4G is good, Minecraft is bad

4G is good, Minecraft is bad

Turkey’s government is asking for 2.3 billion euros from the telecommunication industry for its new 4G tender. The English 4G tender resulted in 2.3 billion pounds years ago. The government is very keen on getting the most out of this tender.

However, I believe that, in government ranks, there is a serious misunderstanding about the current situation of the industry and definitely no idea about where the industry is heading. I suspect that the government still thinks that voice is important for telecommunication companies and that data only consists of emails and holiday photos.

My suspicions could be true because there is no logical way to explain the simultaneous call for 2.3 billion euros for 4G and the attempt to ban social media outlets and games such as Minecraft at the same time.

I bet that the government authorities don’t know what drives the demand for 4G. If they knew that in order to play Minecraft seamlessly you need broadband, then they would think about what they are doing.

Turkey’s Family and Social Policies Ministry called on authorities to ban the game. I find it very disturbing to see that this ministry is doing almost nothing to stop violence against women and doing absolutely nothing to encourage women to take part in the workforce but rather making headlines by seeking such a ban. Turkey has been shunned once more by the international community as the first country to ask for a ban.

 However, as the BBC says, Minecraft has different modes depending on how you want to play. There’s Creative, which doesn’t have monsters and is all about building, destroying and exploring. Then there’s Survival, where you face battles with mobs and have to find food to stay alive. Mojang, who make the game, says it’s up to you which setting you prefer: “The world of Minecraft can be a dangerous place: it’s inhabited by scary, genderless monsters that come out at night. It might be necessary to defend against them to survive. If people find this level of fantasy conflict upsetting, we would encourage them to play in Creative Mode, or to enable the Peaceful setting. Both of these options will prevent monsters from appearing in the world.”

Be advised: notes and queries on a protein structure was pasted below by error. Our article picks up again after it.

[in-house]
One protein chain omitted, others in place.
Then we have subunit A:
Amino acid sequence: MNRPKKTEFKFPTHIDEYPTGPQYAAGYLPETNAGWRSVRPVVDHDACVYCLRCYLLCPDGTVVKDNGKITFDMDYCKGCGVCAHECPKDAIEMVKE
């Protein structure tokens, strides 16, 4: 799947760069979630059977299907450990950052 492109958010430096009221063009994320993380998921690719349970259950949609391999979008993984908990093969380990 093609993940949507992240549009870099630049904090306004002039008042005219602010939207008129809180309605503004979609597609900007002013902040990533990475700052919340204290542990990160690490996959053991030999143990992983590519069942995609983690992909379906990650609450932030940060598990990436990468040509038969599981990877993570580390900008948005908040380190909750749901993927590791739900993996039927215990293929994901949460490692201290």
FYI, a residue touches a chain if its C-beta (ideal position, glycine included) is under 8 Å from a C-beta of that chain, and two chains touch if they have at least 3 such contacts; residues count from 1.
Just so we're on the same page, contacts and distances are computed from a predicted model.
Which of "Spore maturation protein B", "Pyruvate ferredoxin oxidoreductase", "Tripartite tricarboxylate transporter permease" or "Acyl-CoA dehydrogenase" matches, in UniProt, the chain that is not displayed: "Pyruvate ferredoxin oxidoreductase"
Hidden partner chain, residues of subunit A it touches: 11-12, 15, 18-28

So, there is absolutely no reason to ask for a ban. All the ministry should do if they are really concerned about the game is make kids more informed about the choices they make. However, for a decade now, letting people choose what to do is out of fashion; banning or suing people is the new trend. Recently, a young politician, Cenk Sidar, was sued by the prime minister because he said there was no freedom of speech in Turkey.

I like to remind authorities that the only reason why they can ask for such a high amount for 4G is the games and social media platforms that they are hell-bent on banning and destroying. The 3G tender resulted in 812 million euros. If the authorities would like to earn even more for LTE tenders in the future, then they should realize that with applications such as Whatsapp entering the voice business, the only way the Turkish telecommunications industry will thrive is by making peace with games and social media.

I will belive in the future of this country a thousand times more when I am able to see the Family and Social Policies Ministry organizing online lessons to make software engineers out of Turkey’s unemployed women instead of trying to ban games.